Phoenix ranks No. 5 for most-polluted air

Lifestyle | 26 Apr |

The American Lung Association has released its annual “State of the Air” report, and Phoenix ranked 5th worst in ozone pollution across the country, which is up from last year ranking of 7th.

This doesn’t come as a surprise, especially since extreme heat and sunlight play a major role in ozone production.

For 22 years, the American Lung Association has analyzed data from official air quality monitors to compile the State of the Air report.

READ ALSO: 4 tips for surviving seasonal allergies in Arizona

Highlights for Phoenix:

• Ranked No. 5 for high ozone days out of 229 metropolitan areas

• Ranked No. 13 for 24-hour particle pollution out of 216 metropolitan areas

• Ranked No. 8 for annual particle pollution out of 204 metropolitan areas

According to the report, if you live in Maricopa County, here are the grades the air you breathe received:

Ozone: F

Particle Pollution 24-hour: F

Particle Pollution Annual: Pass

The “State of the Air” 2021 report finds that despite some nationwide progress on cleaning up air pollution, more than 40% of Americans—over 135 million people—are living in places with unhealthy levels of ozone or particle pollution. The burden of living with unhealthy air is not shared equally. People of color are over three times more likely to be breathing the most polluted air than white people.

The “State of the Air” report looks at two of the most widespread and dangerous air pollutants, ozone and fine particulate matter. The air quality data used in the report is collected at official monitoring sites across the United States by the federal, state, local and tribal governments. The Lung Association calculates values reflecting the air pollution problem and assigns grades for ozone and daily and long-term measures of particle pollution. Those values are also used to rank cities (metropolitan areas) and counties. This year’s report presents data from 2017, 2018 and 2019, the most recent quality-assured nationwide air pollution data publicly available.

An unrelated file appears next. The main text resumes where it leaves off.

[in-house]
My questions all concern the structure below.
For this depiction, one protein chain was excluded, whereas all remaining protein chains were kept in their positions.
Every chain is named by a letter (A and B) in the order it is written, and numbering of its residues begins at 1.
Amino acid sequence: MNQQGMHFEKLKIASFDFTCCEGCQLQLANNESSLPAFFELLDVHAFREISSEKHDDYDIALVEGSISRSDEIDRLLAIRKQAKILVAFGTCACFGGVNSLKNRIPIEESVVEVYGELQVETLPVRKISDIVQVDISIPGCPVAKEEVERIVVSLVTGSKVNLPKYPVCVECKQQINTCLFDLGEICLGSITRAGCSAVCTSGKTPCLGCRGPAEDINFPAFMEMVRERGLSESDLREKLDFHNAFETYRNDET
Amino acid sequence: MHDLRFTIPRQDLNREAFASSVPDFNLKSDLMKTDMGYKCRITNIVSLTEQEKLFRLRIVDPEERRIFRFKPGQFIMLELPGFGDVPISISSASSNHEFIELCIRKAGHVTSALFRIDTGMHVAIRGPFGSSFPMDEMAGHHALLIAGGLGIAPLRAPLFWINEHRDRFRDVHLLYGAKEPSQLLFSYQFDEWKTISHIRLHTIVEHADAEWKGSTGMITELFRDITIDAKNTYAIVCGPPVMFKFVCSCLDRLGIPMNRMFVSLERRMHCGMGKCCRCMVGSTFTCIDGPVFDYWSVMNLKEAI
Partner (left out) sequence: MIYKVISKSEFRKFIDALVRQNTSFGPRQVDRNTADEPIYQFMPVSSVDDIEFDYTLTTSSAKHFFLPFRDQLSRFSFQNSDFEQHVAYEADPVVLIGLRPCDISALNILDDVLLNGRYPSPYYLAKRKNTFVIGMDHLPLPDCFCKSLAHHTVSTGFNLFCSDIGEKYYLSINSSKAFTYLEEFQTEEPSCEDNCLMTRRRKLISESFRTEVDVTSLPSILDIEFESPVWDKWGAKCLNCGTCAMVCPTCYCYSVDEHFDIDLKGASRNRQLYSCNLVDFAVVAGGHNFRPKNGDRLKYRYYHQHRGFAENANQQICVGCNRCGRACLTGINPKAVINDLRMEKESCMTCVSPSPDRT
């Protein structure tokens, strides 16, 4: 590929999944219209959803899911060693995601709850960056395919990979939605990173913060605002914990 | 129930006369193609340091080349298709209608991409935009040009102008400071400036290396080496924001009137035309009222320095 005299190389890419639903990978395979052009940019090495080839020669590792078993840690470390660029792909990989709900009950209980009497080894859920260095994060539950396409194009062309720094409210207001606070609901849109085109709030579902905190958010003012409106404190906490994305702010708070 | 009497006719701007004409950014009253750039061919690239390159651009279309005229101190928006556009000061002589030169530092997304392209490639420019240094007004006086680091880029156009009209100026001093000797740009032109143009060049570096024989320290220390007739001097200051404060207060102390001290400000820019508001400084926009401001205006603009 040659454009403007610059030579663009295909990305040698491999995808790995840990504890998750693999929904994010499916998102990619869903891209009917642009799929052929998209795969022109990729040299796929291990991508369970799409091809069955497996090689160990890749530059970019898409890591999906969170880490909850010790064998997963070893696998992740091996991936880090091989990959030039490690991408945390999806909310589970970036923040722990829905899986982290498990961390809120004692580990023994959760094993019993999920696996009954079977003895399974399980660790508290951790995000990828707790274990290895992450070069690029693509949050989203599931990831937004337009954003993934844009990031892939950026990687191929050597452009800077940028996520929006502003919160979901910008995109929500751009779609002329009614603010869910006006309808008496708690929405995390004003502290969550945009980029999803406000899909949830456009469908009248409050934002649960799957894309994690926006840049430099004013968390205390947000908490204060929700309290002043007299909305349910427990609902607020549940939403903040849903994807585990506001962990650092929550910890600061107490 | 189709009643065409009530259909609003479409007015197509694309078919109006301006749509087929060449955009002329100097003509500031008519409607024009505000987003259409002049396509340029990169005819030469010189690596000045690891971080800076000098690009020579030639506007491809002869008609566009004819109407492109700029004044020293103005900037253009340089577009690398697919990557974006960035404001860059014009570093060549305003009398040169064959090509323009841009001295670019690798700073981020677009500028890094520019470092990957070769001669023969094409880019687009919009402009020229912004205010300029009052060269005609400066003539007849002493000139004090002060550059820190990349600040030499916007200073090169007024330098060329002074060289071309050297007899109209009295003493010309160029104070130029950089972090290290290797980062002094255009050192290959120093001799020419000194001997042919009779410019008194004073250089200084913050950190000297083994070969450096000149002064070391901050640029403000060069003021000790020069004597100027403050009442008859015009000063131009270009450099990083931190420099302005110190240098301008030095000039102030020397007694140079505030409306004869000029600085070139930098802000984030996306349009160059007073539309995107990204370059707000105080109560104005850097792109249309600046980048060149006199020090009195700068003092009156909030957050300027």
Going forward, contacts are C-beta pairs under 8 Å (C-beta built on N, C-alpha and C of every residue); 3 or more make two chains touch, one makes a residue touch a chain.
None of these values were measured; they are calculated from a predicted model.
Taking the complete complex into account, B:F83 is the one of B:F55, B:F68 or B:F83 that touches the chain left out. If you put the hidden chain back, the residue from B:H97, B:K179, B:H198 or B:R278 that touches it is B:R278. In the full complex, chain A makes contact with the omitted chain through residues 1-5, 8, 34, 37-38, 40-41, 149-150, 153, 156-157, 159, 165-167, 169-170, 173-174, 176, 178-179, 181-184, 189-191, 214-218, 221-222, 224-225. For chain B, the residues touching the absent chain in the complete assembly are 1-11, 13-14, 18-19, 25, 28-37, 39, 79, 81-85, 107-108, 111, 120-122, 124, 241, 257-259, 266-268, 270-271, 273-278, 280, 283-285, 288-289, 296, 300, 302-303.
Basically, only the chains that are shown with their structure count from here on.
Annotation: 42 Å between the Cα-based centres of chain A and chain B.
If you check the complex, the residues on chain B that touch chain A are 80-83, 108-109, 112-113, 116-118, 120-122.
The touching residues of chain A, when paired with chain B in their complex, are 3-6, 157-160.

“State of the Air” 2021 is the 22nd edition of this annual report, which was first published in 2000. From the beginning, the findings in “State of the Air” have reflected the successes of the now-50-year-old Clean Air Act, as emissions from transportation, power plants and manufacturing have been reduced. In recent years, however, the findings of the report have added to the evidence that a changing climate is making it harder to protect human health.

The three years covered by “State of the Air” 2021 ranked among the six hottest years on record globally. High ozone days and spikes in particle pollution, related to extreme heat and wildfires, are putting millions more people at risk and adding challenges to the work states and cities are doing across the nation to clean up air pollution.

The COVID-19 pandemic has driven home to the world the preciousness of healthy lungs.1 New research shows that exposure to elevated levels of air pollution is linked to worse health outcomes from COVID-19, including higher death rates. As the nation continues to respond to the pandemic, reducing air pollution is critical for respiratory health now and in the future. The Lung Association will continue to champion the Clean Air Act and push for clean air, health equity and environmental justice for all.

More than four in ten Americans (41.1%–more than 135 million Americans) are living in the 217 counties across the nation with monitors that are capturing unhealthy levels ozone or particle pollution. This is 14.8 million fewer people breathing unhealthy air compared to last year’s report, mostly from improved levels of ozone pollution. However, the threat of deadly particulate matter air pollution continues to worsen with each new edition of “State of the Air.” This year’s report finds an increase of close to 1.1 million people living in areas with unhealthy levels of short-term particle pollution compared to last year’s report.

Circle graphic with 3X overlayed.More than 4 in 10 Americans live in places with unhealthy levels of air pollution.

Close to 20.7 million people, or 6.3% of Americans, live in the 13 counties that failed all three measures. Of these 20.7 million people, 14 million are people of color. People of color were 61% more likely than white people to live in a county with a failing grade for at least one pollutant, and over three times as likely to live in a county with a failing grade for all three pollutants.

Los Angeles remains the city with the worst ozone pollution in the nation, as it has for all but one of the 22 years tracked by the “State of the Air” report. Fairbanks, Alaska earned the unfortunate distinction of being the metropolitan area with the worst short-term particle pollution for the first time. And Bakersfield, California returned to the most polluted slot for year-round particle pollution for the second year in a row.

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